Not Your Parents' Poems: A 2012 Poetry Preview (2024)

I can't tell you how the 2012 presidential election is going to turn out, nor can I say for certain whether The Office will outlast its first year without Steve Carell (though things are looking promising so far). What I can do is assure you that 2012 is full of exciting, enduring poetry.

Like music and fashion, contemporary poetry is often about looking at things from the past and dressing them up for the present. Today's average poem (if there is such a thing) takes us to the frontiers of language, borrowing from Twitter memes to overheard conversation, from the classics to bad movies. These are not your parents' — and certainly not your parents' parents' poems — in fact, some of these poets, in their 30s, 40s and 50s, are practically babies in poetry years, though some are among the wisest we've ever had.

If you only read one poetry book in 2012, The Collected Poems of Lucille Clifton, out in September from BOA, ought to be it. This landmark book collects all the published poems of this major poet, plus a handful of unpublished ones, edited by the poet Kevin Young with an introduction by Nobel laureate Toni Morrison.

Clifton (1936-2010), who died after a long struggle with cancer (the disease pushed her to some of her most powerful poems), wrote with startling immediacy about subjects as far-reaching as the continually echoing injustices of American slavery, and as intimate as the daily whisperings between a mother and child. At her best, she produced such succinct and subtly layered works as "The News": "... the faces / of men dying scar the air / the moon becomes the mountain / who would have thought / who would believe / dead things could stumble back / and kill us."

But why stop at one? Here are seven equally essential collections.

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The Poems Of 2012

Useless Landscape, or a Guide for Boys

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by D. A. Powell

I'm willing to wager we'll be reading D.A. Powell — closely — in a hundred years, because his poems tell a whole lot of the story of America's last four decades. Powell's poems arose out of the AIDS epidemic in the 1980s gay community in San Francisco (Powell himself is HIV-positive) and in recalling the parties and lives AIDS brought to an end, Powell created a whole new poetic instrument, a blend of hip, contemporary reference — to '80s bands, campy movies and gay p*rn — and a comprehensive knowledge of the Bible and classical mythology. Powell finds the seams in the language, the places where the old knits with the new. In this, his fifth and most elegant and accessible book, he watches himself aging, his disease making off with his body, his energy and his hope — but not his humor: "You face your wrinkles, daily, in the mirror. / But the wrinkles are so slimming, they rather flatter." He entreats us, by book's end, to "triumph over death with me." It's an invitation — and a poet — you won't be able to resist.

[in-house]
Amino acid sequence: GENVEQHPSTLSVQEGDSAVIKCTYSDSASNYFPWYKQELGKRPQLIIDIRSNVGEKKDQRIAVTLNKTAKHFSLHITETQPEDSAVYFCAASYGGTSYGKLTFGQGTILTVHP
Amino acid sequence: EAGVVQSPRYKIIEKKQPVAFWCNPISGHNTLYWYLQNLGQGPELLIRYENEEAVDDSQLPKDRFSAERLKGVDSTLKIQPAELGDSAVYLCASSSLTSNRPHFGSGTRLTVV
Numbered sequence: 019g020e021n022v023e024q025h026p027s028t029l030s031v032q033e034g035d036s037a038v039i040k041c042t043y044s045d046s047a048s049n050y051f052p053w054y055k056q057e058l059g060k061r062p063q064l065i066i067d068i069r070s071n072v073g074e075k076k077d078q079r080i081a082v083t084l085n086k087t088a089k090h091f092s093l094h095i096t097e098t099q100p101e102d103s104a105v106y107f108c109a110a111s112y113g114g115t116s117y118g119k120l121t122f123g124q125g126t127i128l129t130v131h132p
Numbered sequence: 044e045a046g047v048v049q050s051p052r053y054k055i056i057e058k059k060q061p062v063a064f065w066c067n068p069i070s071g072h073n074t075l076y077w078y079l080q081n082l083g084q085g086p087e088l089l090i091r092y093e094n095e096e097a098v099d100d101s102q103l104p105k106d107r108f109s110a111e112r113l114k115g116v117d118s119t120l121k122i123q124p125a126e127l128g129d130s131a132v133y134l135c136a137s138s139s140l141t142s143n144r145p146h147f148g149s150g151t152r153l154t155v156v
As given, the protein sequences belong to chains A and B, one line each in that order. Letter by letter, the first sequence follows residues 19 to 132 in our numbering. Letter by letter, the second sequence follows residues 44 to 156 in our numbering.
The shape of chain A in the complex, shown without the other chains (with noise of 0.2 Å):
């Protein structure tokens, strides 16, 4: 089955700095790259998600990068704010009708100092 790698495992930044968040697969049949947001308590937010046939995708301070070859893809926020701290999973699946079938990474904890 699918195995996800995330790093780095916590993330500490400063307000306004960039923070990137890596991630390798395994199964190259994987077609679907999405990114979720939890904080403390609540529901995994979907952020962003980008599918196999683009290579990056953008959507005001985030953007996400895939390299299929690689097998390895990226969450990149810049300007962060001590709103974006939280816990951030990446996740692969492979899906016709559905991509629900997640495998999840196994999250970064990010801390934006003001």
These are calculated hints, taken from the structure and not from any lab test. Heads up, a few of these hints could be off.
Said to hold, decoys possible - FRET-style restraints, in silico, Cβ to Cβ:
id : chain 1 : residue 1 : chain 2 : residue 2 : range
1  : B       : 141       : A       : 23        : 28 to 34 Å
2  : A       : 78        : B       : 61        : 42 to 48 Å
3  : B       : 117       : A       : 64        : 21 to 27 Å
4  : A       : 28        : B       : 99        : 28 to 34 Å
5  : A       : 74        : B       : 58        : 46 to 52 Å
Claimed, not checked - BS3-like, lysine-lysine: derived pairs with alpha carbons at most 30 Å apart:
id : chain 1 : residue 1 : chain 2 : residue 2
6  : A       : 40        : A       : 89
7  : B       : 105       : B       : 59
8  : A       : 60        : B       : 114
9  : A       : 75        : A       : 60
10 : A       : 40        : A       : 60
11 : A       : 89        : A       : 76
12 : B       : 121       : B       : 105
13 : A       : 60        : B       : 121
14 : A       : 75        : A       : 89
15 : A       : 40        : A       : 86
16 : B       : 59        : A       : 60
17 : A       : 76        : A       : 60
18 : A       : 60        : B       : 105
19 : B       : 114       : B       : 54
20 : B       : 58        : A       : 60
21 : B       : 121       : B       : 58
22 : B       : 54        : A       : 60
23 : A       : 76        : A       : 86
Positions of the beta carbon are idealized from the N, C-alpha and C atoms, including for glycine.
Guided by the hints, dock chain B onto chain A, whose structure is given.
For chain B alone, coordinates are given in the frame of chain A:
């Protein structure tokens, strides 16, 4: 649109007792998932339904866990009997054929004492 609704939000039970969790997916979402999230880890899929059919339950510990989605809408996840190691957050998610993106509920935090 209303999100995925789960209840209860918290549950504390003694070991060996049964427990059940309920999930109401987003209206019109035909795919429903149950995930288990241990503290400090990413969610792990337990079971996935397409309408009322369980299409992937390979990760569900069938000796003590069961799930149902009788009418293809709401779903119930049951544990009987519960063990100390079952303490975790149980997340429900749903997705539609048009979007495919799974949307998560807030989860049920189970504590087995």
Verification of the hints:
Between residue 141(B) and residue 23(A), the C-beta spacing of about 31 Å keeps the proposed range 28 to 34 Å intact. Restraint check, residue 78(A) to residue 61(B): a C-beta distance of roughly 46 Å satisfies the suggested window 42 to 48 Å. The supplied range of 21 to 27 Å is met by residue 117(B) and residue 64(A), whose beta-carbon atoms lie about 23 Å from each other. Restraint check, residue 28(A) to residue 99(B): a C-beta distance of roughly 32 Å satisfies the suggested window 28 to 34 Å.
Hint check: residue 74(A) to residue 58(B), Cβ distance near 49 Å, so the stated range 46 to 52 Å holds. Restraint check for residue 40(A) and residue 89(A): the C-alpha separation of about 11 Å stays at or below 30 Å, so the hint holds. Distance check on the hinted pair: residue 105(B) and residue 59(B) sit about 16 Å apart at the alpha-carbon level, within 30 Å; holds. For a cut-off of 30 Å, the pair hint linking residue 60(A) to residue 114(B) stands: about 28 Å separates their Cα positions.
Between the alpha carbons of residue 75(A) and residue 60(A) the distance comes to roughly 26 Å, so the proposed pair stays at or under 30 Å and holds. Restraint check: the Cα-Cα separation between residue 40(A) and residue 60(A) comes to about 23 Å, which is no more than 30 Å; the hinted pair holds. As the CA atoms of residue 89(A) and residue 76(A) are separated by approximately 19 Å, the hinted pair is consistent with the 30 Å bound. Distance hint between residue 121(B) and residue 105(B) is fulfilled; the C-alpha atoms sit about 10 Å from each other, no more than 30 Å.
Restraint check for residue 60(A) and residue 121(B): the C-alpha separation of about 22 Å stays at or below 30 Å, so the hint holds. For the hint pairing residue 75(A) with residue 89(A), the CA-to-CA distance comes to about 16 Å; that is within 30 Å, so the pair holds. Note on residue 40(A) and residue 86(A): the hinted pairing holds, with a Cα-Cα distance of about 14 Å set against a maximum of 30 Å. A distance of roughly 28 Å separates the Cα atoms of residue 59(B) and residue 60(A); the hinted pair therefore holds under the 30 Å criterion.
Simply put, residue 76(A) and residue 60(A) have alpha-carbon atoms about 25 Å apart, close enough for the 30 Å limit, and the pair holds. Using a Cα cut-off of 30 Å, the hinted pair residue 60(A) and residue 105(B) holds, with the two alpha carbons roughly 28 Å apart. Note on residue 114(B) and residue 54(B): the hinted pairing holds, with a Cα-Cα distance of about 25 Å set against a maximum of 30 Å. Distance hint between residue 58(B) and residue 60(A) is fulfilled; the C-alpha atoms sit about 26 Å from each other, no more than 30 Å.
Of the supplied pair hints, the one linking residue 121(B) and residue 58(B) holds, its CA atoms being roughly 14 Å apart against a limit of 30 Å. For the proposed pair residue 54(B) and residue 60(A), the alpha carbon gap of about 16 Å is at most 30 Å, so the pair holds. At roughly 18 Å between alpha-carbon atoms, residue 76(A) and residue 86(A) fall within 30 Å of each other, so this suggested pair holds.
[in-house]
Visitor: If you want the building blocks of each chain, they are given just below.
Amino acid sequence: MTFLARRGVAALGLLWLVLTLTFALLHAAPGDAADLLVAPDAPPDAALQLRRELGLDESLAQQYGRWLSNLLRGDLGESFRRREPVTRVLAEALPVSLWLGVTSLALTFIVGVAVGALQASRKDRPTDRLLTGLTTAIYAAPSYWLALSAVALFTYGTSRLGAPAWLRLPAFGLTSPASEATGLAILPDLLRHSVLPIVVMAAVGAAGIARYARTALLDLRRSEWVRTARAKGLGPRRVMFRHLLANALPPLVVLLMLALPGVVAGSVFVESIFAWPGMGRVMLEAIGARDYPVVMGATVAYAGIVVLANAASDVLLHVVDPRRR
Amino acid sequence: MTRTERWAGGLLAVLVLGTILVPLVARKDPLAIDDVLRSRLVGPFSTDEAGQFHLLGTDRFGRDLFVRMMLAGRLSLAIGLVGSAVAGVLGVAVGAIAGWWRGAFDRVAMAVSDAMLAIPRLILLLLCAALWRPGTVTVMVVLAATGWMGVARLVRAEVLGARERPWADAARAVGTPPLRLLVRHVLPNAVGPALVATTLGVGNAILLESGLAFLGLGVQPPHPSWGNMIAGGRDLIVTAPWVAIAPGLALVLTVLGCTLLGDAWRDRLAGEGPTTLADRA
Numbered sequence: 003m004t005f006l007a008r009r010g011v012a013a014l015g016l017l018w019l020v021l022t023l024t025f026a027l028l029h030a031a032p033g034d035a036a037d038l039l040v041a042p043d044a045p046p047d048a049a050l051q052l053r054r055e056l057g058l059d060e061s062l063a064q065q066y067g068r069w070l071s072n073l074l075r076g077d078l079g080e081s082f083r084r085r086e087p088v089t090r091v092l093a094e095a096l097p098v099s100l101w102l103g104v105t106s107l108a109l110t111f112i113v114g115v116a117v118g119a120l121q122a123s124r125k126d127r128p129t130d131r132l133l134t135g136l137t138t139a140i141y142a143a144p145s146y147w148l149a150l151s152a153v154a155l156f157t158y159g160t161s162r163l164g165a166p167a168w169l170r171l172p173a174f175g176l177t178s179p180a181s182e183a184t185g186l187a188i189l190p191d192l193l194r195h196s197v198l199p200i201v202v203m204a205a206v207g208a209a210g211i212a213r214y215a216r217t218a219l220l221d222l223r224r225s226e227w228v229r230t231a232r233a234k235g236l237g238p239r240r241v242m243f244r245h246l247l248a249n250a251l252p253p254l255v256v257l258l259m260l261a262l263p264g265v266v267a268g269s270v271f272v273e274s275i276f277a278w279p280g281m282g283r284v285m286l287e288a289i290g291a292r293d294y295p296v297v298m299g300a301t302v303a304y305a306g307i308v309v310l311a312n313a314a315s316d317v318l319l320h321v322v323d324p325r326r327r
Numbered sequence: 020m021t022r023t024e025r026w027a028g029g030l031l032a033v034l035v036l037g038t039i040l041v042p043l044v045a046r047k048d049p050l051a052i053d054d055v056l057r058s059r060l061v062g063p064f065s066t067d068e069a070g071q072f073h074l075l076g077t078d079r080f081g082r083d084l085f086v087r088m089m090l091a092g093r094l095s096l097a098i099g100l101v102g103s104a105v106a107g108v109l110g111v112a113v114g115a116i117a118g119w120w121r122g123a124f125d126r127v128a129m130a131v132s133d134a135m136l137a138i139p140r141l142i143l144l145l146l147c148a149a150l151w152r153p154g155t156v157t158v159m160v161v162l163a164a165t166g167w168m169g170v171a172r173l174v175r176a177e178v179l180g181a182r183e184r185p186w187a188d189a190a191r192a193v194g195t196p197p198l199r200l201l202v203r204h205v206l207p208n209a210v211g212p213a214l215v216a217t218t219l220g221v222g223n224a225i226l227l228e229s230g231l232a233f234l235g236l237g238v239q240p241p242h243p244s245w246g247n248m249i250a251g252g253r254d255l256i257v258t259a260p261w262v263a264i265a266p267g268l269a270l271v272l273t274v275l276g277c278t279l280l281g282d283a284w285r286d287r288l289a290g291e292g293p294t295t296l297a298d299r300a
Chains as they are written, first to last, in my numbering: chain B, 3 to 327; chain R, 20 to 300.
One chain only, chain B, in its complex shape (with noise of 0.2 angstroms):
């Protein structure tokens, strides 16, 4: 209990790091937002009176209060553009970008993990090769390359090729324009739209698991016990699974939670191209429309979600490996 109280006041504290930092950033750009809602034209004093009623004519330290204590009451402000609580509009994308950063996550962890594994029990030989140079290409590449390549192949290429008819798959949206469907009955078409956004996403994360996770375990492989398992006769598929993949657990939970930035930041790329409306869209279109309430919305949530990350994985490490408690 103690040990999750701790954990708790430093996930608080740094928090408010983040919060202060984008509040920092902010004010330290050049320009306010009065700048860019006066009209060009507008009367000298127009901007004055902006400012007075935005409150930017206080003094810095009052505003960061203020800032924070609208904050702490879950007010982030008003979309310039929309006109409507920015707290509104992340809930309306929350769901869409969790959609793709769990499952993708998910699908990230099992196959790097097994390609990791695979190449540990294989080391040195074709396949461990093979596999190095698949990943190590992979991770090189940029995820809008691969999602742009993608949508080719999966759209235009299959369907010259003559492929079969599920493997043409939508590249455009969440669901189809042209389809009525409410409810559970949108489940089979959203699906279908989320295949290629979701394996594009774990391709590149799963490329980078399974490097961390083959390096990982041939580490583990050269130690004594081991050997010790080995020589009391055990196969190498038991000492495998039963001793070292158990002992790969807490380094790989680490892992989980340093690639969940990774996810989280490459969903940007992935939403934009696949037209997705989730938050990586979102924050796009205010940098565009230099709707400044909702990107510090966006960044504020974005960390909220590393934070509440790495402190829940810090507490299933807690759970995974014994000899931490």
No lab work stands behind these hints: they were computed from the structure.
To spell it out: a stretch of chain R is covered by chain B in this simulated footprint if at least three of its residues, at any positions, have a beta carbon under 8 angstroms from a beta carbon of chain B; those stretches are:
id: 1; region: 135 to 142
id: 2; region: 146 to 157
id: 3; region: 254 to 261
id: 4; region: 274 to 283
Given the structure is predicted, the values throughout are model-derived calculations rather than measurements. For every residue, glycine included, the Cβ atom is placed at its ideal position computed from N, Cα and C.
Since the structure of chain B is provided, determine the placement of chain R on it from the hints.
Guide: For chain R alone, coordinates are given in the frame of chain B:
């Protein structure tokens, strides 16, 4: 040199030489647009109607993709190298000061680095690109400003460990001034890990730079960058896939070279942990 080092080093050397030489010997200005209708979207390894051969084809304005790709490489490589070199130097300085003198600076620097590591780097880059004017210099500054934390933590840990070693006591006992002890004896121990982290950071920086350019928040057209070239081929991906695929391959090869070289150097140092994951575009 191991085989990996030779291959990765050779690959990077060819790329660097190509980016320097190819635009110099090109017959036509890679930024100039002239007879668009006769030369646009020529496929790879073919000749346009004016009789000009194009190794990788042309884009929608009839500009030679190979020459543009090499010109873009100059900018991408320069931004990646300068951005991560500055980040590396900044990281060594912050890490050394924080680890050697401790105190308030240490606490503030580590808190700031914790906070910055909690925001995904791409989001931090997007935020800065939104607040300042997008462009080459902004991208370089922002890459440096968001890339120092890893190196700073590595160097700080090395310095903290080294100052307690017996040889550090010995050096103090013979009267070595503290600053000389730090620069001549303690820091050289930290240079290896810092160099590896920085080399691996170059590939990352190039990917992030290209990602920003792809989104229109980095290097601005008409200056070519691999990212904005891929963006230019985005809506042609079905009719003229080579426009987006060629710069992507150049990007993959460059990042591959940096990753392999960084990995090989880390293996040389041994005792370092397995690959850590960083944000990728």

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by Jorie Graham

You need to watch a Graham poem closely — it's going to move quietly, subtly, so slowly it may even seem, at first, boring. But there's a lot going on there if you can bring down your heart rate to the poems' trance-like pace. For Graham, observing the movements of her mind and the action in the world are the same thing. In these mature poems, memories come alive with a vividness you could trip over: "I am the only one who ever lived who remembers / my mother's voice in the particular shadow / cast by the skyfilled Roman archway," she writes. Elsewhere, the present turns ethereal as, for instance, a dog hit by a car becomes "the loved still-young creature being carried now onto the family lawn." At the end of each of these winding, harrowing poems, you always end up having inched miles from where you started. Graham is in top form.


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by Dante Alighieri, Mary Jo Bang and Henrik Drescher

Where do the Rolling Stones belong in Dante's Hell? In Canto XII of Bang's contemporary reinvention of Dante's epic, in which Dante and Virgil are summoned by hell's denizens with a quote from "You Can't Always Get What You Want": "Each had a bow and well-chosen arrow. / One called across the distance, 'Are you two coming down / To get your fair share of abuse?' " But it ain't all rock lyrics. Bang uses anachronisms when they'll add some punch — hell's hot wind is like a "massive crimson camera flash" — but it's still Dante, wordy, guilty and full of splinters that don't come out. Hell is where Bang went after her National Book Critics Circle Award-winning Elegy, about the death of her son, and her Inferno is a classic recast for our age, a hell we'll find ourselves in, an old poem made new by one of our most surprising and innovative poets.